For more than 125 years, the town of Whiteclay, Nebraska has served just one purpose. It has existed for the sole purpose of circumventing the ban on alcohol sales throughout the neighboring Pine Ridge Oglala Sioux Reservation.

For more than 125 years, the town has been a major lightening rod for activists wishing to stop the sale of alcohol to the Native American residents of the reservation, who have suffered from disproportionately high rates of alcoholism and fetal alcohol syndrome for nearly the entirety of the reservation’s existence.

But despite ongoing efforts over the decades, the movement to shutter the beer stores of Whiteclay never really picked up momentum until 2016, when it was first acknowledged by the Nebraska Liquor Control Board that they would consider arguments to deny the renewal of the town’s liquor licenses, which they need in order to legally sell beer to the Pine Ridge Natives. The stores are located just a couple thousands yards over the state line, adjacent to the reservation.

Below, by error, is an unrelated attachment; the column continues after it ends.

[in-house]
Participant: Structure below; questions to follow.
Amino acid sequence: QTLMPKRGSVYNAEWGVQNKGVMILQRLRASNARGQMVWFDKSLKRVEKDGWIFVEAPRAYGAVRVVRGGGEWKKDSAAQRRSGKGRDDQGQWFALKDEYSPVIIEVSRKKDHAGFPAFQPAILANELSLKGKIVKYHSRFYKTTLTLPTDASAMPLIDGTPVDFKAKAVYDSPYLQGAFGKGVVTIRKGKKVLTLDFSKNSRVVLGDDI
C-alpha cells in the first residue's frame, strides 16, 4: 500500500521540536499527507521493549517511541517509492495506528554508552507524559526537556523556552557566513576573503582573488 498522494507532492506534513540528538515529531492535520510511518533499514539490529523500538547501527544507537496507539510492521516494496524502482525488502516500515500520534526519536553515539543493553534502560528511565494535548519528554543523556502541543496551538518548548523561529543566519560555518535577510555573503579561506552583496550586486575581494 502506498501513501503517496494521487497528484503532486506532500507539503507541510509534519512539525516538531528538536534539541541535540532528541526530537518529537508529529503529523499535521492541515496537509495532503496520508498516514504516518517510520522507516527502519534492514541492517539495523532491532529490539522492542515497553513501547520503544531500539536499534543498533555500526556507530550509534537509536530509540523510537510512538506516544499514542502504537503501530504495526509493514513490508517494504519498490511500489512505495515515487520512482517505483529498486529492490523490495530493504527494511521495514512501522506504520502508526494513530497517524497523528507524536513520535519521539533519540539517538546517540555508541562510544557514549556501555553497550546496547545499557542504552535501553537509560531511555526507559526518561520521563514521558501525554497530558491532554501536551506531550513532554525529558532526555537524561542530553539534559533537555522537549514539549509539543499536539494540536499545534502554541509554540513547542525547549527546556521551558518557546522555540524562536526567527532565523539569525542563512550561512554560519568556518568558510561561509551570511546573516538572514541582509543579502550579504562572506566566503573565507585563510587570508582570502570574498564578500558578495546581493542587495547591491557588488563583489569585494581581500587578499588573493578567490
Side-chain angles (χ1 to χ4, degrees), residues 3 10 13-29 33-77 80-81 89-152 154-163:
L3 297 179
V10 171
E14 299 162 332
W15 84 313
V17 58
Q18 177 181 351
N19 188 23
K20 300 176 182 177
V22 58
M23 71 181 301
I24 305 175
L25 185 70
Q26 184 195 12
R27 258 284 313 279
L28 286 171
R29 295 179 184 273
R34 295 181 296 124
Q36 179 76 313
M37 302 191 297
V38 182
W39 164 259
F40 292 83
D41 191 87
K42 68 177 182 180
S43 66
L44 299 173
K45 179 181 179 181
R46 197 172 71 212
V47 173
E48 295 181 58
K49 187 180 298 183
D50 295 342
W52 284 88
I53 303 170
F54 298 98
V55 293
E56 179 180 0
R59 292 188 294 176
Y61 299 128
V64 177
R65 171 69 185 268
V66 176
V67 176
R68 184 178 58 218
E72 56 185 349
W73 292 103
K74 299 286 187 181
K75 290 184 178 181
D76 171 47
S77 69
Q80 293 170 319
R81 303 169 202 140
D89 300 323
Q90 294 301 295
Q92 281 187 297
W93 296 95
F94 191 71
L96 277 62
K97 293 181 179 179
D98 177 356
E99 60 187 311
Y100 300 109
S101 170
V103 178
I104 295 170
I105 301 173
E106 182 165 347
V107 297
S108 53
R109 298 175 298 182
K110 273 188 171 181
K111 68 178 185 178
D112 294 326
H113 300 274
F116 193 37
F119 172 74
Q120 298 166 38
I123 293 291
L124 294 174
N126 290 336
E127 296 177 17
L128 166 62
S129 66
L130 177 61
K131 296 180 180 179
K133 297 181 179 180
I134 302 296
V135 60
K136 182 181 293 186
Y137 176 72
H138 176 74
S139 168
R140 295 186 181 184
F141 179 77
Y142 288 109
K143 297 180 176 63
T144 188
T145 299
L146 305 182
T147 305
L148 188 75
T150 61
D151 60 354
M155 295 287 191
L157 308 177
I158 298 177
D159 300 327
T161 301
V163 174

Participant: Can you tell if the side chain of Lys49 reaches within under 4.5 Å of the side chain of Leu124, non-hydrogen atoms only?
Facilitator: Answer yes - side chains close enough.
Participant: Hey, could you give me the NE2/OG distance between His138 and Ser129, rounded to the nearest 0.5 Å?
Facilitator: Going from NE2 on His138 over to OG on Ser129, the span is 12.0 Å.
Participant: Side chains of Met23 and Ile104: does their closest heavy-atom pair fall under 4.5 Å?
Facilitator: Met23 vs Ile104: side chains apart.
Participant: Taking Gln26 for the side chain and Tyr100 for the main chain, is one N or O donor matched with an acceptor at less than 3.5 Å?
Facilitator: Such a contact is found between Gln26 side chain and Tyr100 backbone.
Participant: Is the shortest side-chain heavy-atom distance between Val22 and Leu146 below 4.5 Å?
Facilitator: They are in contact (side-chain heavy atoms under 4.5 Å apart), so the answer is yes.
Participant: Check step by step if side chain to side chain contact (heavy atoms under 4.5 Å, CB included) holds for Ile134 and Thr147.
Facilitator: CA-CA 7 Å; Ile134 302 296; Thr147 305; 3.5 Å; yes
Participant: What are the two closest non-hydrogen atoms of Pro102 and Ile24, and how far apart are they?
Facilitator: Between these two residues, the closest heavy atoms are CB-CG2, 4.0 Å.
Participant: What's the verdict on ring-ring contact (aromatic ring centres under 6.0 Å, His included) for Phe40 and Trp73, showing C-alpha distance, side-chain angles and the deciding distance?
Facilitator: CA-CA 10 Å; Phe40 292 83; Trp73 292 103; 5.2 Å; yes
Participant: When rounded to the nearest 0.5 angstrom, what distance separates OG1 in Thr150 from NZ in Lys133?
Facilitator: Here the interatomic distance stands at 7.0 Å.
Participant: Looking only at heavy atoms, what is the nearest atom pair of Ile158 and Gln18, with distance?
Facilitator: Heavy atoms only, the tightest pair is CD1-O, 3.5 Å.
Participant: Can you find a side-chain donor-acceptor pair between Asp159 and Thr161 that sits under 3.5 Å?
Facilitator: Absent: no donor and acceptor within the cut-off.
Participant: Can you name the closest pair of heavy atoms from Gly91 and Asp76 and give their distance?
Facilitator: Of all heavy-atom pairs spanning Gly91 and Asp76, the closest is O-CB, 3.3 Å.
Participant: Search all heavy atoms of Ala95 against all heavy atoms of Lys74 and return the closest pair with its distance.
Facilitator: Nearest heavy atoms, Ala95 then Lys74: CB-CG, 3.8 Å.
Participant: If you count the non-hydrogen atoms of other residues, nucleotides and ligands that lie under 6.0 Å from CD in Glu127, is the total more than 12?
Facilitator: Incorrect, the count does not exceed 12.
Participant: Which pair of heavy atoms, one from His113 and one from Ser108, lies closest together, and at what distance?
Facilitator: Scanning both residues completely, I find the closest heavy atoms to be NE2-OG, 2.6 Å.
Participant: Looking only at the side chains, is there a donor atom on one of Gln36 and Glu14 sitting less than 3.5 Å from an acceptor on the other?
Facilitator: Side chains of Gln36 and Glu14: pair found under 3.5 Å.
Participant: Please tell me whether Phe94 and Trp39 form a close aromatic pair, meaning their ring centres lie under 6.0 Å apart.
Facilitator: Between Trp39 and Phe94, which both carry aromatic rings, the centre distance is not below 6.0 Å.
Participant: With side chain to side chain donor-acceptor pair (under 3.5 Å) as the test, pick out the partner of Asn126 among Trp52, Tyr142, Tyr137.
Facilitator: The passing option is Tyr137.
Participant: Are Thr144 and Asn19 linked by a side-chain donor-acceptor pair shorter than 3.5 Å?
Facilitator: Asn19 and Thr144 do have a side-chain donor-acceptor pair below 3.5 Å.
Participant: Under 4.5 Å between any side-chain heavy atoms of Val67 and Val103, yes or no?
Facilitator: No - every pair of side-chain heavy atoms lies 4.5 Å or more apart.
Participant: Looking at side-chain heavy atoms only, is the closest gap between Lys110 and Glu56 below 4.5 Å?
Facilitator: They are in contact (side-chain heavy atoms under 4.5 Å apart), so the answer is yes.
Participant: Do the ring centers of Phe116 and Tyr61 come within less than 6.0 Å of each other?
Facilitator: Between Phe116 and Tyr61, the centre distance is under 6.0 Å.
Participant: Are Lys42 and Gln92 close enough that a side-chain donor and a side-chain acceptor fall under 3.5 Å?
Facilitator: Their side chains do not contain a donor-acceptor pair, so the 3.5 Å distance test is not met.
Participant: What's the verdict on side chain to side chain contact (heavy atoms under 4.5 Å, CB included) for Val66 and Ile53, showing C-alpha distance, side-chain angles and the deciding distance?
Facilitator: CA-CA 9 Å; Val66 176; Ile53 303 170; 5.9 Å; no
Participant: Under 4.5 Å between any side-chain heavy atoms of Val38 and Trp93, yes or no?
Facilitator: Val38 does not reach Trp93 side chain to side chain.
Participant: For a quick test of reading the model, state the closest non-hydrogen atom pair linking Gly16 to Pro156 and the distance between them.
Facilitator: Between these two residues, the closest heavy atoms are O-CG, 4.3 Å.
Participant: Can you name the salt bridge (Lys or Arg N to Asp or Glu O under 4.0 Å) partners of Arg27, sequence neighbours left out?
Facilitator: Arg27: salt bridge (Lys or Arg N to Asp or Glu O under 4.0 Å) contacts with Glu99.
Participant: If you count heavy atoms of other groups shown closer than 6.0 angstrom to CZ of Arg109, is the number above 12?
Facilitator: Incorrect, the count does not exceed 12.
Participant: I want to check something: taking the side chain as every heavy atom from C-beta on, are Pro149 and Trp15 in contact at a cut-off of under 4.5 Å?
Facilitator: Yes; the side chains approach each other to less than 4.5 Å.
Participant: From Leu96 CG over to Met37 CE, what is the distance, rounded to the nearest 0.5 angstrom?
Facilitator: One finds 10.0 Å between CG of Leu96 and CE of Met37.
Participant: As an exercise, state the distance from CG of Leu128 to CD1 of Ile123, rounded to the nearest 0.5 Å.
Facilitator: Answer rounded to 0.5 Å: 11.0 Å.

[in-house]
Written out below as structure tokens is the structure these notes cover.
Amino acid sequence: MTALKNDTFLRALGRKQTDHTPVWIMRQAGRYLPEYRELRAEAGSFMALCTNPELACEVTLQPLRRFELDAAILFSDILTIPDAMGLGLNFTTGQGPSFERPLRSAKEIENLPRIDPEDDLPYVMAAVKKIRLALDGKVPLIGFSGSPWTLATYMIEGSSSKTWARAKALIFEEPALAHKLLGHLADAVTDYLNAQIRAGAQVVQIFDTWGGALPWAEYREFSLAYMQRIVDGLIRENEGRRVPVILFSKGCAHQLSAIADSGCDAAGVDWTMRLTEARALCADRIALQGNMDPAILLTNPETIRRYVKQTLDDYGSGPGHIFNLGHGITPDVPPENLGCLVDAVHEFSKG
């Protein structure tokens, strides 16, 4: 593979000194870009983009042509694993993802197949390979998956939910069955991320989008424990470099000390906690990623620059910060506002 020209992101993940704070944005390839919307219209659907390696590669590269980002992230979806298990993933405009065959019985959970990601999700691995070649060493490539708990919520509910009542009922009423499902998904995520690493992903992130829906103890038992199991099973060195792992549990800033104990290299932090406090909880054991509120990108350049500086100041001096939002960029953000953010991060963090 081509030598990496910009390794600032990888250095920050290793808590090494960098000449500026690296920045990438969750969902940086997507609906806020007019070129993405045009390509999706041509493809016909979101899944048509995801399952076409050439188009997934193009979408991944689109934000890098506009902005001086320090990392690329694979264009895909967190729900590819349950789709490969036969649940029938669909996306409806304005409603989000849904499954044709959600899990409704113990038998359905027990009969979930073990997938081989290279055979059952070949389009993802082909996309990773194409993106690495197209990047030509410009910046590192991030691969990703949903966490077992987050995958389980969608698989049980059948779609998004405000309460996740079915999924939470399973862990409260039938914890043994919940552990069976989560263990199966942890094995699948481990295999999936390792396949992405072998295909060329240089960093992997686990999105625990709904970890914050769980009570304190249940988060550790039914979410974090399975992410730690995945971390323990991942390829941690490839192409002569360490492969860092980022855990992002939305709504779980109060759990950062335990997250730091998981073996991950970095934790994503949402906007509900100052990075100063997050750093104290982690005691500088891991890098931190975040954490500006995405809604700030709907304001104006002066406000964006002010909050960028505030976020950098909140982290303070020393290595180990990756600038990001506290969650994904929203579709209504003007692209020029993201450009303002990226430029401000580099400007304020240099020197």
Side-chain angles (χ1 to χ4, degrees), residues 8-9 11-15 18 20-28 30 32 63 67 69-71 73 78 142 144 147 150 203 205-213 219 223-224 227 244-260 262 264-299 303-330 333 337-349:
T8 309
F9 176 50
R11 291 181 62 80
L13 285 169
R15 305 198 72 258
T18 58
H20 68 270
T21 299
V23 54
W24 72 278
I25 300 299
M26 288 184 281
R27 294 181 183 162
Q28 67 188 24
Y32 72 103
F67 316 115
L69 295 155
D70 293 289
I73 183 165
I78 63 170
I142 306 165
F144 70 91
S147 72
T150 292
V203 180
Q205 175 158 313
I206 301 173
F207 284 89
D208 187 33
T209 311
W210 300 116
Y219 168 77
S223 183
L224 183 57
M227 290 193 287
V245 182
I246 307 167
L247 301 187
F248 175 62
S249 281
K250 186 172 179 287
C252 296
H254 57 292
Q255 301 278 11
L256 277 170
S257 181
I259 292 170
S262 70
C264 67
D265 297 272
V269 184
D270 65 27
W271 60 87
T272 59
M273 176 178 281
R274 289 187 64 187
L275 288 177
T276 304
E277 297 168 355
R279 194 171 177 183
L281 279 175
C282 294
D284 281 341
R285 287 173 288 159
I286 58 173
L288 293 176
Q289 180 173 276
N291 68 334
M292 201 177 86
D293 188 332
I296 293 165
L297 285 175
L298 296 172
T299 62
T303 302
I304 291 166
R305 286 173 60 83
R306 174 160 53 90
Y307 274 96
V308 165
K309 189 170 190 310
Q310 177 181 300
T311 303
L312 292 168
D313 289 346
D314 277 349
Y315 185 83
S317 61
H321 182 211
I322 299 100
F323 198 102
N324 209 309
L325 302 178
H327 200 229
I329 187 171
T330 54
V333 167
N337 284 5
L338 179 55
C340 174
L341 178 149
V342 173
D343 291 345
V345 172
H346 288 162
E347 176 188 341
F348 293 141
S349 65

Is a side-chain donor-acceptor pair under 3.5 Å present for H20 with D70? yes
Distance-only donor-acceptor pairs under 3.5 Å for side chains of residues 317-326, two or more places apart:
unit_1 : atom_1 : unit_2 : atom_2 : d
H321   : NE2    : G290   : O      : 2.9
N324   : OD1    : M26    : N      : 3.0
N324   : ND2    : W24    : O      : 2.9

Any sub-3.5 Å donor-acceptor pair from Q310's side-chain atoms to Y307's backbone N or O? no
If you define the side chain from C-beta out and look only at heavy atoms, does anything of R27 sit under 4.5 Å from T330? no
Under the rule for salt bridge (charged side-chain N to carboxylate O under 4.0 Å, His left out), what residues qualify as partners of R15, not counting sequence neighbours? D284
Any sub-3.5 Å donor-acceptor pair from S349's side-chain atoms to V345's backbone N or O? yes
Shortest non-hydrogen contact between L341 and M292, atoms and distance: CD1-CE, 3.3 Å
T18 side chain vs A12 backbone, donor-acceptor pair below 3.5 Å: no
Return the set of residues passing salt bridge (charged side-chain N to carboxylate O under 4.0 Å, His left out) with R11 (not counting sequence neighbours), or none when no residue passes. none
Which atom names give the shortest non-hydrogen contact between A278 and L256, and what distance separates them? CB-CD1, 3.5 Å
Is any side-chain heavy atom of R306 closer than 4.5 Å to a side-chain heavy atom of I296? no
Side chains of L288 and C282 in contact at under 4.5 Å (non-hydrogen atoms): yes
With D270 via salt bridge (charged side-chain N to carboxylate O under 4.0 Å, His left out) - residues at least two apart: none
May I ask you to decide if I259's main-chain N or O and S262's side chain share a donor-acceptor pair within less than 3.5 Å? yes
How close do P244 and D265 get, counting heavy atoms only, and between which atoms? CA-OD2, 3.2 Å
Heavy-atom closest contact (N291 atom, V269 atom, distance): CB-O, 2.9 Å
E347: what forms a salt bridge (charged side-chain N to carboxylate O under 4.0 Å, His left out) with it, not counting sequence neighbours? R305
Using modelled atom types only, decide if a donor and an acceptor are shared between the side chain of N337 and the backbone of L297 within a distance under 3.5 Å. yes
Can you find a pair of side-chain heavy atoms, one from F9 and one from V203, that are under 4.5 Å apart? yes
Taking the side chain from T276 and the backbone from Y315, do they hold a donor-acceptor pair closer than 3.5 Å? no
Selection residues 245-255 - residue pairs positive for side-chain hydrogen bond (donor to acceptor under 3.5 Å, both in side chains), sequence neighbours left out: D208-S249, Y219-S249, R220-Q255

But now, it appears that the stores have played their final hand. After appealing the denial of their liquor license renewals to the Nevada State Supreme Court, the liquor stores have lost their bid to have the decisions of the Liquor Board overturned. Betting on a technicality, the lawyer for the stores reported that the court had found against his clients, stating that the original court did not have standing to even rule on the point in contention.

It now appears that the stores will stay closed for good.

Categories: Native American, Native American Culture, Nebraska, Whiteclay

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